PNHK               0                      1.0%                 0                      0
JRP                  7                    14.0%                4                      11
DPP                  3                      5.5%                3                       6
CDP                 7                    13.5%                 9                     16
SDP                 0                       1.5%               0                       0
RS                   1                      3.5%                1                       2
JCP                  4                      7.5%                2                       6
Others                                     1.0%
OPPN                                                              3                        3
pro-LDP                                                          1                        1
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jaichind
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« Reply #423 on: July 09, 2022, 09:37:19 AM »

Other political implications.  The leader of the largest LDP faction is gone and it will be hard to fill Abe's shoes.  Given how much the intra-faction battles are over personality differences versus policy differences this could lead to another round of re-shuffling of the different LDP factional rivalries and alliances.  One possible winner would be Kono Taro.  It seems Abe is really out to get him and if Abe stayed around in LDP politics for another decade he could really retard Kono Taro's chances of being LDP leader.  Now that Abe is gone former PM and Aso faction leader Aso Taro will become the LDP party elder.  Kono Taro is in the Aso faction plus Kono Taro's father and former LDP Prez Kono Yohei being Aso's old benefactor all means the LDP hierarchy just got a lot friendlier to Kono.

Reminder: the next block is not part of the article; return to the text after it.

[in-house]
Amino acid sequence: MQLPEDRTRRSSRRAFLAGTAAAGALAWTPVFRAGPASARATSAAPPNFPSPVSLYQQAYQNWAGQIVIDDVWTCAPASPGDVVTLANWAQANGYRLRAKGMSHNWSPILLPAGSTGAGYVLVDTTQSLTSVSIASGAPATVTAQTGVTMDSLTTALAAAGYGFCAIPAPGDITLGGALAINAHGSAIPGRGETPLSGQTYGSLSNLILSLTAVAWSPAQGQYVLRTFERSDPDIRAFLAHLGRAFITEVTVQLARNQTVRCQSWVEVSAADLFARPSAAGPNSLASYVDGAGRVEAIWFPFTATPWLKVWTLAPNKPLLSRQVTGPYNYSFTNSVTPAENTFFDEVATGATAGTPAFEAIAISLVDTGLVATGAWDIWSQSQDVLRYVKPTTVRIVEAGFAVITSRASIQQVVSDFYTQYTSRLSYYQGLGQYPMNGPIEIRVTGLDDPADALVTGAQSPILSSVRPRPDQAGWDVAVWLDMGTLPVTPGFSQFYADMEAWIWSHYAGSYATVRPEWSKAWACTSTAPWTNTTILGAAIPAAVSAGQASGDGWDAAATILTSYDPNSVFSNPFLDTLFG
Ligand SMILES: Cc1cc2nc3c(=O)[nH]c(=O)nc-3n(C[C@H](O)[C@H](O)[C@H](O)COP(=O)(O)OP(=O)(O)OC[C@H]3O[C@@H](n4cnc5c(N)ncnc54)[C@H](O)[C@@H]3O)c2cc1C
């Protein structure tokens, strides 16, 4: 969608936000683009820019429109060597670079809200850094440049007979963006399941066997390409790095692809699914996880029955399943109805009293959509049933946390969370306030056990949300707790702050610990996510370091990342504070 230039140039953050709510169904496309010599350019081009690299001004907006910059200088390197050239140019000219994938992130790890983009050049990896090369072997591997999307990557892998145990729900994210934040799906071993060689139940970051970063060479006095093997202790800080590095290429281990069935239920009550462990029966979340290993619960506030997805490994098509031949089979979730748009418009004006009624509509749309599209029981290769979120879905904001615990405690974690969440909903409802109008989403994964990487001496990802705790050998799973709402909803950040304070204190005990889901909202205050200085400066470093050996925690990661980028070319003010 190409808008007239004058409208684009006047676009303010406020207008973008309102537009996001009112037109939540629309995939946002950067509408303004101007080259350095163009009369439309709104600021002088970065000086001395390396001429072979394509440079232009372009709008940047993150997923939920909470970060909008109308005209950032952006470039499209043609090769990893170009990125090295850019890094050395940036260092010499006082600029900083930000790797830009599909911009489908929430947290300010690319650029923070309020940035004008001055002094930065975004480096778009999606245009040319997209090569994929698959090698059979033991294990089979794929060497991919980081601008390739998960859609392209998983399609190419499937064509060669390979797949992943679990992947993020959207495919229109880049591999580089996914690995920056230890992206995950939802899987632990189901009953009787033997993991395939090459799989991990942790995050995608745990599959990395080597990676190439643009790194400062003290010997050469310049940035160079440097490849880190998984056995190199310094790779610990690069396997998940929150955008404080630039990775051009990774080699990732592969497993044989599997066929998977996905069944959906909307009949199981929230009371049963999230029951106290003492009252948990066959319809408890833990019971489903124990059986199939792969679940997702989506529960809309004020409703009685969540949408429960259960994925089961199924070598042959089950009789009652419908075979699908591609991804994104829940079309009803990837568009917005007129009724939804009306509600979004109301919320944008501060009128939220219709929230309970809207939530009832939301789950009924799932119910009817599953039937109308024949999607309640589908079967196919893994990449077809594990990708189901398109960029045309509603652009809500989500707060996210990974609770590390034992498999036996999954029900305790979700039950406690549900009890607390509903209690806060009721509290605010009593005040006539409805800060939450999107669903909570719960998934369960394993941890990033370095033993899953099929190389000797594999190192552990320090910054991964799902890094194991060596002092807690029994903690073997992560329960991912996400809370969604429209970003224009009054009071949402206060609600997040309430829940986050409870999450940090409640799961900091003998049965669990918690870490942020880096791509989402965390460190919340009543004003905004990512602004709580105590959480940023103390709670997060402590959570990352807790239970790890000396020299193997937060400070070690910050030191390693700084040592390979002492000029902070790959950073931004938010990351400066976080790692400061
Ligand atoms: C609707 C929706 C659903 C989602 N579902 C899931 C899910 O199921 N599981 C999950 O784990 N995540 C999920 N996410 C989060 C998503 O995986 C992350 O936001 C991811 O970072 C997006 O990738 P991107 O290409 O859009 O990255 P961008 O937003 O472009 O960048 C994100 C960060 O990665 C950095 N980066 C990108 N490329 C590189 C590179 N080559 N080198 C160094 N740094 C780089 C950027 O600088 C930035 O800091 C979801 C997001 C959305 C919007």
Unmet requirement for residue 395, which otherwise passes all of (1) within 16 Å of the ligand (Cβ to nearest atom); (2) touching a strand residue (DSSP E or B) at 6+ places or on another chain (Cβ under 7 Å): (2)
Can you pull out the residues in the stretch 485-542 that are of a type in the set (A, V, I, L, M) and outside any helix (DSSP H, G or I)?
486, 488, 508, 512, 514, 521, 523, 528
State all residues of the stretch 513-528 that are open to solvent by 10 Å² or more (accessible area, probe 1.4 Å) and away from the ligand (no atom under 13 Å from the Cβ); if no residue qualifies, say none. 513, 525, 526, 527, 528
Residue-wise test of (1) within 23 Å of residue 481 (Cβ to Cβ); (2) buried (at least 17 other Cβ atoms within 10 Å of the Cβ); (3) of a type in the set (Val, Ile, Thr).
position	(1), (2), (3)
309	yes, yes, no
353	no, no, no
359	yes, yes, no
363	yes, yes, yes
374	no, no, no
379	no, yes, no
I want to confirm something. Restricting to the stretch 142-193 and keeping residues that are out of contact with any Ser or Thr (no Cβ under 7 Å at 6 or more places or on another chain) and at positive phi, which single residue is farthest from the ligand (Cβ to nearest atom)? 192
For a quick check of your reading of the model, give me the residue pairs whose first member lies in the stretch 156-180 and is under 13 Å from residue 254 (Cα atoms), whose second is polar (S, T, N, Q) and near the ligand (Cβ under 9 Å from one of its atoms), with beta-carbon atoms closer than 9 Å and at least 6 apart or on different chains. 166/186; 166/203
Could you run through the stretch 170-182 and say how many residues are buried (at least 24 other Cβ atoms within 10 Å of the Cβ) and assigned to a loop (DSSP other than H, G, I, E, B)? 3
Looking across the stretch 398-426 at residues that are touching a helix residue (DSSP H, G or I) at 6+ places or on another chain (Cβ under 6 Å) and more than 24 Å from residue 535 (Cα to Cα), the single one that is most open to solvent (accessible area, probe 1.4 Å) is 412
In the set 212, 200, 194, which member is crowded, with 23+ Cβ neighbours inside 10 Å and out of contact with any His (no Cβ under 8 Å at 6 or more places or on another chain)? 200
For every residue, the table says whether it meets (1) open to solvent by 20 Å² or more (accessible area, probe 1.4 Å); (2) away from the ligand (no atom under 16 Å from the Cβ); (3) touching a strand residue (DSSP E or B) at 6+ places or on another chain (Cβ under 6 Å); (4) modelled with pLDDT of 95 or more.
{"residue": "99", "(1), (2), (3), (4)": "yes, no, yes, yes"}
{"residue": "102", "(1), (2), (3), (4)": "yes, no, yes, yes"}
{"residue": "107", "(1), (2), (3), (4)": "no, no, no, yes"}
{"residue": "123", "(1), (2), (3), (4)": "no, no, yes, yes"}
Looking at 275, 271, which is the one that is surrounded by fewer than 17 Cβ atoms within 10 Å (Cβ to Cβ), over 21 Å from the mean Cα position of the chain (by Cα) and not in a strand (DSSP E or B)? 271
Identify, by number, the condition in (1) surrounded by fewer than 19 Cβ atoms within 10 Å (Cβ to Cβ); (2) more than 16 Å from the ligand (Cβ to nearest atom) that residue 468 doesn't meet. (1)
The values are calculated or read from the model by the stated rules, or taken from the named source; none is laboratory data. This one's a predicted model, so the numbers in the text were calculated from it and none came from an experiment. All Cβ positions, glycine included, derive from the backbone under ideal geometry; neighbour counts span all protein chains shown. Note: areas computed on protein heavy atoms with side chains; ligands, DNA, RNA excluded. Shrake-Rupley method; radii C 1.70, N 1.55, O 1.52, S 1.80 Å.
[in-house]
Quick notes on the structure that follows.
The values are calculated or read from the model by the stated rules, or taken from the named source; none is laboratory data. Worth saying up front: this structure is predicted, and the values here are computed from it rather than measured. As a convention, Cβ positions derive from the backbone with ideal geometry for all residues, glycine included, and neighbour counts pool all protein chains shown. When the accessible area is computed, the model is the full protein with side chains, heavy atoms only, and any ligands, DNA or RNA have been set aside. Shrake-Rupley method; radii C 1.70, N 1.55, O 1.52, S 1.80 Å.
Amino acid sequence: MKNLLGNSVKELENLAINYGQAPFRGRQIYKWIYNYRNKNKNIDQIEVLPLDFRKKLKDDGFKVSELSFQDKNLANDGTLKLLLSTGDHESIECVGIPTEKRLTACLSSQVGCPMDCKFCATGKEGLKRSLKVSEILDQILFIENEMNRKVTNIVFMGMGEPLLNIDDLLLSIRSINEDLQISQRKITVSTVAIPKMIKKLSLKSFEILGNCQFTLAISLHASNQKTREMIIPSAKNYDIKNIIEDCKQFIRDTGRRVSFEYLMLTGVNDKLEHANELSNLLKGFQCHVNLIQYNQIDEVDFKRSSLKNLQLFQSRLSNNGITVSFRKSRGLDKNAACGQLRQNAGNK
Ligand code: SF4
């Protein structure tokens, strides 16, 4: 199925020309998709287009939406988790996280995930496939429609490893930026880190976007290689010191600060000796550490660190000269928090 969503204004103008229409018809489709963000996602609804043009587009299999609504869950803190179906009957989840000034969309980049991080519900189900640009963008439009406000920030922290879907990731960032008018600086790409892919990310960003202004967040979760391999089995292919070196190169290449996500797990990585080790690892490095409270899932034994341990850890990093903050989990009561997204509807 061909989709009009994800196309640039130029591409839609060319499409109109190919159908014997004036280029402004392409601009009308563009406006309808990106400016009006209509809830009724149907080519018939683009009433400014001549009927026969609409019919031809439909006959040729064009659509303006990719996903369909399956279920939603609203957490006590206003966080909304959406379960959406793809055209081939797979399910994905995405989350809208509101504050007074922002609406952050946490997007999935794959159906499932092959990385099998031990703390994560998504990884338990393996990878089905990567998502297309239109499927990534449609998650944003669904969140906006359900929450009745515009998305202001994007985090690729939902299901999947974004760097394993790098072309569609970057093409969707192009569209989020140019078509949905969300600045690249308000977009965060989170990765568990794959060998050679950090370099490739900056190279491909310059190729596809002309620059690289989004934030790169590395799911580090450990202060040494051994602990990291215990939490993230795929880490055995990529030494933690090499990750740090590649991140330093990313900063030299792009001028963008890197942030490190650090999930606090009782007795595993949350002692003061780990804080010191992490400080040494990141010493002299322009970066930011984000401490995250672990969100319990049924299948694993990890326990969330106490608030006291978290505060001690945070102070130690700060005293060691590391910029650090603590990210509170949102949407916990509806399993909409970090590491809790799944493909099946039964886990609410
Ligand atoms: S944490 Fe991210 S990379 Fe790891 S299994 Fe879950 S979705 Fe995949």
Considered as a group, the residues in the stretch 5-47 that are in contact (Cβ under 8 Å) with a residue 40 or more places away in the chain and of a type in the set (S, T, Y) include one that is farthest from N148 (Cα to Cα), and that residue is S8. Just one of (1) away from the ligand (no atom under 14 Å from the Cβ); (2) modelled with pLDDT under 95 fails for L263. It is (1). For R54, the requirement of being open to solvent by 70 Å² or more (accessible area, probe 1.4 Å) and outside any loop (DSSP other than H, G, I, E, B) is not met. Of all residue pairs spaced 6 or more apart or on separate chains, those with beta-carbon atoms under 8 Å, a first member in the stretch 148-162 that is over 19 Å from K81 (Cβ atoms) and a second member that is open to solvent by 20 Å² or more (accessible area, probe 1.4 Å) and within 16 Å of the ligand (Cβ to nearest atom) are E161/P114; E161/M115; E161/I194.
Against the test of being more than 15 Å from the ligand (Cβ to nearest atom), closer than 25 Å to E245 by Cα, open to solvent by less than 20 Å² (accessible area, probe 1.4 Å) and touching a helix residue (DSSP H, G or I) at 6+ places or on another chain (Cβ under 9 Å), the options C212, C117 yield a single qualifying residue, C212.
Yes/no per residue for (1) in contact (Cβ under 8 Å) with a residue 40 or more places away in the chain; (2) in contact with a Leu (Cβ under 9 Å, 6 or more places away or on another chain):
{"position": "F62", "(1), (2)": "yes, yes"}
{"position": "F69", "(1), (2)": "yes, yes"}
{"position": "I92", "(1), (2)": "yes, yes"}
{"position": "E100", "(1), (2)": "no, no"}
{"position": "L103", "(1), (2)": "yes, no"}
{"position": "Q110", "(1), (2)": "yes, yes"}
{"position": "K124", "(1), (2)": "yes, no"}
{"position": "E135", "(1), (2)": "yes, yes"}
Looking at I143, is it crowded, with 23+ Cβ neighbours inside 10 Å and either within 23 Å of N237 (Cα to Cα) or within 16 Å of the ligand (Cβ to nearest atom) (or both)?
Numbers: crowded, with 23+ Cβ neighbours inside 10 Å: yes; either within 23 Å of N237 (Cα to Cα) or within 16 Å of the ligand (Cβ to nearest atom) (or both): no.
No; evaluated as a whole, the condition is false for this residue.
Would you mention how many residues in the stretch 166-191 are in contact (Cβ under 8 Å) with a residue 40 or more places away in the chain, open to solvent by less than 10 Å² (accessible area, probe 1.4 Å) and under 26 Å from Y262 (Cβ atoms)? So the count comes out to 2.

whats the different between the factions also is true to say abe was japan reagan?

Writeup I had on LDP factions.
Foreign policy-wise I can see some similarities between Abe and Reagan where he put Japan back on the geopolitical map even while Japan's relative economic position continued to decline.  Domestic economically he was all talk about structural reforms and his monetary policy was for sure not Reagan-Volcker but more like Nixon/Carter-Burns with massive QE and monetary easing to keep all sorts of zombie Japanese companies alive.


LDP factions have their origins in the merger of the more Conservative and larger LP and the more Liberal and smaller DP in 1955.  LP and DP were rivals for the Center-Right vote and after the merger, their rivalry just continued as factions.

岸田(Kishida) faction - 45 MPs - Came from LP, the oldest of LDP factions and the faction of current PM

谷垣(Tanigaki) faction - 26 MPs - led by Prez of LDP in 2009-2012 and a splinter of 岸田(Kishida) faction

二階(Nikai) faction - 43 MPs - came from DP and was founded by the DP leader 鳩山(Hatoyama)- always considered non-mainstream given its DP background.  Historically known as the pro-PRC faction.  When LDP needs to do deals with the PRC they always send the 二階(Nikai) faction to work things out with the PRC.